Date on Master's Thesis/Doctoral Dissertation
Committee Co-Chair (if applicable)
complexity; motivation; design quality
This collection of work comprises a preliminary study of the relationships between product complexity, design motivation, and design quality. Complexity, as it relates to the design process, is largely undefined and there exists no generally accepted method of measurement. This study applies an independent data set to a complexity measurement technique and develops complexity measurements at the pre and post design stages. Pre design is considered when design ideas are in formation and customer needs are being addressed. Post design is considered when a functional prototype is realized, manufacturing and assembly processes have been considered, and the product design is considered finalized. Developing complexity measurements for both stages of design are critical to realizing lean design development. Additionally, this study investigates the effects of personal motivation on design quality outcomes. Taking from the field of sociology, a survey tool is utilized to gauge an individuals’ motivation toward design as a serious leisure activity. Serious leisure is considered an activity in which participants glean an internal reward, pleasure, or satisfaction from participation. Utilizing a proposed design quality survey, this study determines quality metrics based on customer needs, manufacturability, serviceability, and product fit and finish, and considers quality to be the ultimate measure of a design. The intersection of complexity, personal motivation, and design quality is of particular interest in this study, as it may provide insight into engineering team dynamics as it relates to design outcomes.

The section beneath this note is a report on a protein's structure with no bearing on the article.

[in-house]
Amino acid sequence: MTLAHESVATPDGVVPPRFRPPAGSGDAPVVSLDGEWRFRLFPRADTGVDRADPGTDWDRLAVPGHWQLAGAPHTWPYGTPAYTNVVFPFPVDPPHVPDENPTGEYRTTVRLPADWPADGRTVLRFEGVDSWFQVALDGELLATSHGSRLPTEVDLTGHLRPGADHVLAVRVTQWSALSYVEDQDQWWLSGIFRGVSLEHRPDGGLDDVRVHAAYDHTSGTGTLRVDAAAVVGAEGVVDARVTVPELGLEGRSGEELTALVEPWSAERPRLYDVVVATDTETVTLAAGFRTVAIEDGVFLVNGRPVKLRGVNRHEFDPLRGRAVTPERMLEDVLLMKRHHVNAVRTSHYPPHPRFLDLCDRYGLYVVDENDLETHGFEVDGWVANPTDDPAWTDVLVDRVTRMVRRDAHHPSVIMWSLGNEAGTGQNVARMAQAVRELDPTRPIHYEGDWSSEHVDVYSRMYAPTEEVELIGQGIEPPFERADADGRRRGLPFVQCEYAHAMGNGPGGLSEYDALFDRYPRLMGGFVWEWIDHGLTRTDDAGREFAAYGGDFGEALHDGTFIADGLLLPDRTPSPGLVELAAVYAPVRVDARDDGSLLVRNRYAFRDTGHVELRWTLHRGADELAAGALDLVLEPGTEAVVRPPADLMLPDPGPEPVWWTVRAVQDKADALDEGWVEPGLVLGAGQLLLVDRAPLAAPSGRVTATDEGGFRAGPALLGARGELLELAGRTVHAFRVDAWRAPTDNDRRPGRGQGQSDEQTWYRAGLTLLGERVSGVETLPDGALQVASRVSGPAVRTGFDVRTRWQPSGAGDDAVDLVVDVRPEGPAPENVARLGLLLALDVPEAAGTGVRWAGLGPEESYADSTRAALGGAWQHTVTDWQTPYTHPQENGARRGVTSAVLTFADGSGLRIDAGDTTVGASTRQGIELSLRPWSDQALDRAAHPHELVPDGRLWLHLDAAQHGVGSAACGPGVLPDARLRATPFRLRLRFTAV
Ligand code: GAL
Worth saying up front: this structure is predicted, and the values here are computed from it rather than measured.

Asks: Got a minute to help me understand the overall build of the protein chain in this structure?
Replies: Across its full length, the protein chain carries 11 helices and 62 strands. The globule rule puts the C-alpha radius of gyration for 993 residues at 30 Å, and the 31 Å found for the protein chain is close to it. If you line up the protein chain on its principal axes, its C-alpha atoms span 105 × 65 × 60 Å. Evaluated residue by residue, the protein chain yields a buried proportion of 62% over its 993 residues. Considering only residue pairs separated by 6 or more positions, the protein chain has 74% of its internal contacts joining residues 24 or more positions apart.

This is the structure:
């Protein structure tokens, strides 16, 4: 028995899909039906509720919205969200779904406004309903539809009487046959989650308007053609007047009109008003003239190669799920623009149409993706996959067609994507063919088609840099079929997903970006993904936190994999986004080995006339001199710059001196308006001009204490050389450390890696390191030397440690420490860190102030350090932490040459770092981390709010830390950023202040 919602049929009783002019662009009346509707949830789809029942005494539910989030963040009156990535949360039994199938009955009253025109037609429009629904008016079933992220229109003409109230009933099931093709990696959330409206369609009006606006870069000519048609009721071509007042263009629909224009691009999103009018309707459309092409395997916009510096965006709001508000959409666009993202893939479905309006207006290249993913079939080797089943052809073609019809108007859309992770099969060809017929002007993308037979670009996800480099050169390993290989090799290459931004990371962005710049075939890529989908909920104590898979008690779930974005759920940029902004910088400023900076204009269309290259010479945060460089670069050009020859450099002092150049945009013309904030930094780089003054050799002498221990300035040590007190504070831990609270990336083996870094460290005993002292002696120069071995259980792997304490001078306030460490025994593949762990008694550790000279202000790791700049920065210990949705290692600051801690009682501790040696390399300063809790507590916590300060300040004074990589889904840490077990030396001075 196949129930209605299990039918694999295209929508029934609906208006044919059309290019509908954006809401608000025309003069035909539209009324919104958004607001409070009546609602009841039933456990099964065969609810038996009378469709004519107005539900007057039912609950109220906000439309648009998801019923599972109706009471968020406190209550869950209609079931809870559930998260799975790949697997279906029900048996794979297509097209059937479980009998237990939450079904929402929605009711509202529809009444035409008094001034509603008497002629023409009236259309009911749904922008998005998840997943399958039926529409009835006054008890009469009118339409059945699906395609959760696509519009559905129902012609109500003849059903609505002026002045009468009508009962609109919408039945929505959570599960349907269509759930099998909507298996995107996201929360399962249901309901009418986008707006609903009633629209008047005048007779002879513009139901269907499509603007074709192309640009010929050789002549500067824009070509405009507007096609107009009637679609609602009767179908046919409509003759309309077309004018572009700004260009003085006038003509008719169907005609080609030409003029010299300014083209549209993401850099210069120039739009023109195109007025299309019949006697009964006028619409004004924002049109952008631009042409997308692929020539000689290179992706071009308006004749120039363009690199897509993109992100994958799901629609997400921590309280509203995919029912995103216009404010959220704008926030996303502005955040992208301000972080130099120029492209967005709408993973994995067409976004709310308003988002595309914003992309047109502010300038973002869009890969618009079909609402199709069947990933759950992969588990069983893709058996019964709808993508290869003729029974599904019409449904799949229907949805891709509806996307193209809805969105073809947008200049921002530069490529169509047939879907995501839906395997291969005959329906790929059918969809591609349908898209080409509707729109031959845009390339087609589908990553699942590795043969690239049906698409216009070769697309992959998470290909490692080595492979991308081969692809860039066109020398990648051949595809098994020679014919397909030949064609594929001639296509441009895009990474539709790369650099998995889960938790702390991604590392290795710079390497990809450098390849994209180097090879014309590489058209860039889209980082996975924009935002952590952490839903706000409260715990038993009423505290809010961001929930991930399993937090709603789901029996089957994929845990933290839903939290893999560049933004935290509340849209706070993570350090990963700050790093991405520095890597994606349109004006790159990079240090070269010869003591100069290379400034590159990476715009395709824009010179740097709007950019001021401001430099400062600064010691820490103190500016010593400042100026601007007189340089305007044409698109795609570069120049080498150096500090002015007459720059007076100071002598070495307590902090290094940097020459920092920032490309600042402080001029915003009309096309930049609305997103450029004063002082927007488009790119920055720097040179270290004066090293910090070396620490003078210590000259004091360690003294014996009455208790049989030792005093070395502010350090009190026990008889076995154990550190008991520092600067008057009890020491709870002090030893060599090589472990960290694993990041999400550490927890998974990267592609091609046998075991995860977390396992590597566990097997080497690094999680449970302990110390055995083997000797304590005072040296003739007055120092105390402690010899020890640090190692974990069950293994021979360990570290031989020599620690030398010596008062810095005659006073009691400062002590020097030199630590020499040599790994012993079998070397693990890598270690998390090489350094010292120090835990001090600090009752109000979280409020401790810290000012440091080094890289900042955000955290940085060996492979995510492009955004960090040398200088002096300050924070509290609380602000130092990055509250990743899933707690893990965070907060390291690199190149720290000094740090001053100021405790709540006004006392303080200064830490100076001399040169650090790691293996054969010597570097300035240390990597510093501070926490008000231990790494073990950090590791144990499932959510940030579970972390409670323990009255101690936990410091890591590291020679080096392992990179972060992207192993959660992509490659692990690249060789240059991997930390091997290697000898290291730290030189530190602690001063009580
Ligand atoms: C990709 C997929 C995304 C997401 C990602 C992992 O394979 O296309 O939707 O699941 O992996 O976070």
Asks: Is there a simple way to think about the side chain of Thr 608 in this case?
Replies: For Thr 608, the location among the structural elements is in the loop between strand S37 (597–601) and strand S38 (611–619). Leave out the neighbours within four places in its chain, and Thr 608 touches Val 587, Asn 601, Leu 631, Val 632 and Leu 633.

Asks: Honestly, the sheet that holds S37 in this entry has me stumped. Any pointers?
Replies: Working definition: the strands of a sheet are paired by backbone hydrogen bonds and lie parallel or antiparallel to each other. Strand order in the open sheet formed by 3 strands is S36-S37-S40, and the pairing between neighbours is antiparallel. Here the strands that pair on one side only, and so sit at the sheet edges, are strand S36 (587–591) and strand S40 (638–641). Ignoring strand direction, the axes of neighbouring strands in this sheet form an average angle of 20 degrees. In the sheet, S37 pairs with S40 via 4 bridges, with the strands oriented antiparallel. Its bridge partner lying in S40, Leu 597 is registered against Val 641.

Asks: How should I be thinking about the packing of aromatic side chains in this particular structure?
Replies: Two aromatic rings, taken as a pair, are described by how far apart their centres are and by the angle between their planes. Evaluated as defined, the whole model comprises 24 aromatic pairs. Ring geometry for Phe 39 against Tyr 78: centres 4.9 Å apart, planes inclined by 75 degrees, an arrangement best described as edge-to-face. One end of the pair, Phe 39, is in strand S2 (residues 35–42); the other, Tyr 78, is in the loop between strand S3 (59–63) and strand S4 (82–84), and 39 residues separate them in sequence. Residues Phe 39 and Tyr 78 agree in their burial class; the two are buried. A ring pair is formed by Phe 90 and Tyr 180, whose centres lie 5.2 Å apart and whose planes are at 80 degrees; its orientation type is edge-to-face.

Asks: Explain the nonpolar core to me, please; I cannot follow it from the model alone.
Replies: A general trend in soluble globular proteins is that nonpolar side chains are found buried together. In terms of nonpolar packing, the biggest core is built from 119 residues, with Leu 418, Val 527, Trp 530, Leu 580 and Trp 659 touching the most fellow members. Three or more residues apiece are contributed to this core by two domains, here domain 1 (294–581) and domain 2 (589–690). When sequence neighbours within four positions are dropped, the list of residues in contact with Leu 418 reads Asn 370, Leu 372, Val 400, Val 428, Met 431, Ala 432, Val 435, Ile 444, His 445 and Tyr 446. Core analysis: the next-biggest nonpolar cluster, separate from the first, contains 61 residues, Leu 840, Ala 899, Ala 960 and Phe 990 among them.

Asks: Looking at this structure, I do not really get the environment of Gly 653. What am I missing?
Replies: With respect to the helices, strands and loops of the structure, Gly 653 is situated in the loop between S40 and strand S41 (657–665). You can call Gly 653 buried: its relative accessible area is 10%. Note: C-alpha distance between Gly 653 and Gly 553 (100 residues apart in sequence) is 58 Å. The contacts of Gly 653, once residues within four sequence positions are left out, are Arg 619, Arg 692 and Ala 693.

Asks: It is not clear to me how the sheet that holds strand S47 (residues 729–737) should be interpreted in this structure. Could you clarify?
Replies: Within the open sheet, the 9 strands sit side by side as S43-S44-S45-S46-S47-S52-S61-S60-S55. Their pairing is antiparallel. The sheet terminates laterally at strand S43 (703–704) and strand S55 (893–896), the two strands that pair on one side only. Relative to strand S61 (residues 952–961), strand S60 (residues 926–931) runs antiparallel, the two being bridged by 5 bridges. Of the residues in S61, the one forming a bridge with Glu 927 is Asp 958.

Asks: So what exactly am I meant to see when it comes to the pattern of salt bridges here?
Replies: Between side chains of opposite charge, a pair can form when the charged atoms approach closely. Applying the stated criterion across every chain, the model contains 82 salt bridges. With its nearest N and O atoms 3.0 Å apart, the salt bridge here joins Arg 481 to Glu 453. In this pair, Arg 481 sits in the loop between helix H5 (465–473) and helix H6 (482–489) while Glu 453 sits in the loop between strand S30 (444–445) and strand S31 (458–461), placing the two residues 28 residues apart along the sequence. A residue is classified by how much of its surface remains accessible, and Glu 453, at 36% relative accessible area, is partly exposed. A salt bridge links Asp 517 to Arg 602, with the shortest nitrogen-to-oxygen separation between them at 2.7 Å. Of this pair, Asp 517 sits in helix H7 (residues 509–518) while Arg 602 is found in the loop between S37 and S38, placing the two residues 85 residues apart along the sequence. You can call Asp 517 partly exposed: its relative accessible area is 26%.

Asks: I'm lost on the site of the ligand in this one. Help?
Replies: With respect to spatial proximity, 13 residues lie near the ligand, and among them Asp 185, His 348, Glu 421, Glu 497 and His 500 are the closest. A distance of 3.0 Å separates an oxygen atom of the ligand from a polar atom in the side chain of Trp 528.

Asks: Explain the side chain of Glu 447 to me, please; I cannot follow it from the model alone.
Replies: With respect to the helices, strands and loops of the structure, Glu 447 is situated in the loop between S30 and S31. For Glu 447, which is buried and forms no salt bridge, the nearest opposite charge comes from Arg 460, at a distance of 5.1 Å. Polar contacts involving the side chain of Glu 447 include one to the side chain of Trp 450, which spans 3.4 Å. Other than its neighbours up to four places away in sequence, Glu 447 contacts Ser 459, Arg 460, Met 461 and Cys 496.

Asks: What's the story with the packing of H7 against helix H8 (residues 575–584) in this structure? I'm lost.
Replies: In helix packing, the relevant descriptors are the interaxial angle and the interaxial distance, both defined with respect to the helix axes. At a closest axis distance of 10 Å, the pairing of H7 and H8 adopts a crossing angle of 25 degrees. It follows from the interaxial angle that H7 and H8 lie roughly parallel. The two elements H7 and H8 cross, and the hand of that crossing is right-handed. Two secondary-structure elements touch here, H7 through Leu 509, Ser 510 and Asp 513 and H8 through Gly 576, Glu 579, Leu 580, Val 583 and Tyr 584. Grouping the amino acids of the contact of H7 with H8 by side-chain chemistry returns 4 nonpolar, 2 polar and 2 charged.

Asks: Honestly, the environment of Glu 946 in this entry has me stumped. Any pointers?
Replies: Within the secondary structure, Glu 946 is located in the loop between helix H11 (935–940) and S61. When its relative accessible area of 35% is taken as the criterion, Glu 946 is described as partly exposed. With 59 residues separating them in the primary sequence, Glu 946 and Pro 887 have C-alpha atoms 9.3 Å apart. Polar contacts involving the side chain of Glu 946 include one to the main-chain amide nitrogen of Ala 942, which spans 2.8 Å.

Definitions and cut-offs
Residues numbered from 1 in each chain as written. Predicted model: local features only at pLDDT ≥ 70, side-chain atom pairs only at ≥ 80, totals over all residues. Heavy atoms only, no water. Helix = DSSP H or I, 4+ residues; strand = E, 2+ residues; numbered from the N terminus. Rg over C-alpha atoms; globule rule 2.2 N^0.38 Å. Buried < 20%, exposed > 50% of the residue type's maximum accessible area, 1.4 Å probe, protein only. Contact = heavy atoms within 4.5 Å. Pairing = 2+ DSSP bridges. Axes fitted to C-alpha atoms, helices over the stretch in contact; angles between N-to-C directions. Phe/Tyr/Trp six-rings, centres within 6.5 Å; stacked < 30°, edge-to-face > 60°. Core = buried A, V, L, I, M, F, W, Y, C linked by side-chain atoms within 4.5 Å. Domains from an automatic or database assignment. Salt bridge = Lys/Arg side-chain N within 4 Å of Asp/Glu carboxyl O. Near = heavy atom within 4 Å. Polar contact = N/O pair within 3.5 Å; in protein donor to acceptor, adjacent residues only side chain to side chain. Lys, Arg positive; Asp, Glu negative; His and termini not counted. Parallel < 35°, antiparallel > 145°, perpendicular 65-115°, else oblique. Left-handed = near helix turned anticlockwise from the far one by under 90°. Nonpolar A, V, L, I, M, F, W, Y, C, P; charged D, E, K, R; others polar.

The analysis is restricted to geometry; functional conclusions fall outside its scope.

Mountain, Philip John, "A preliminary study of the relationship between complexity, motivation, and design quality." (2016). Electronic Theses and Dissertations. Paper 2353.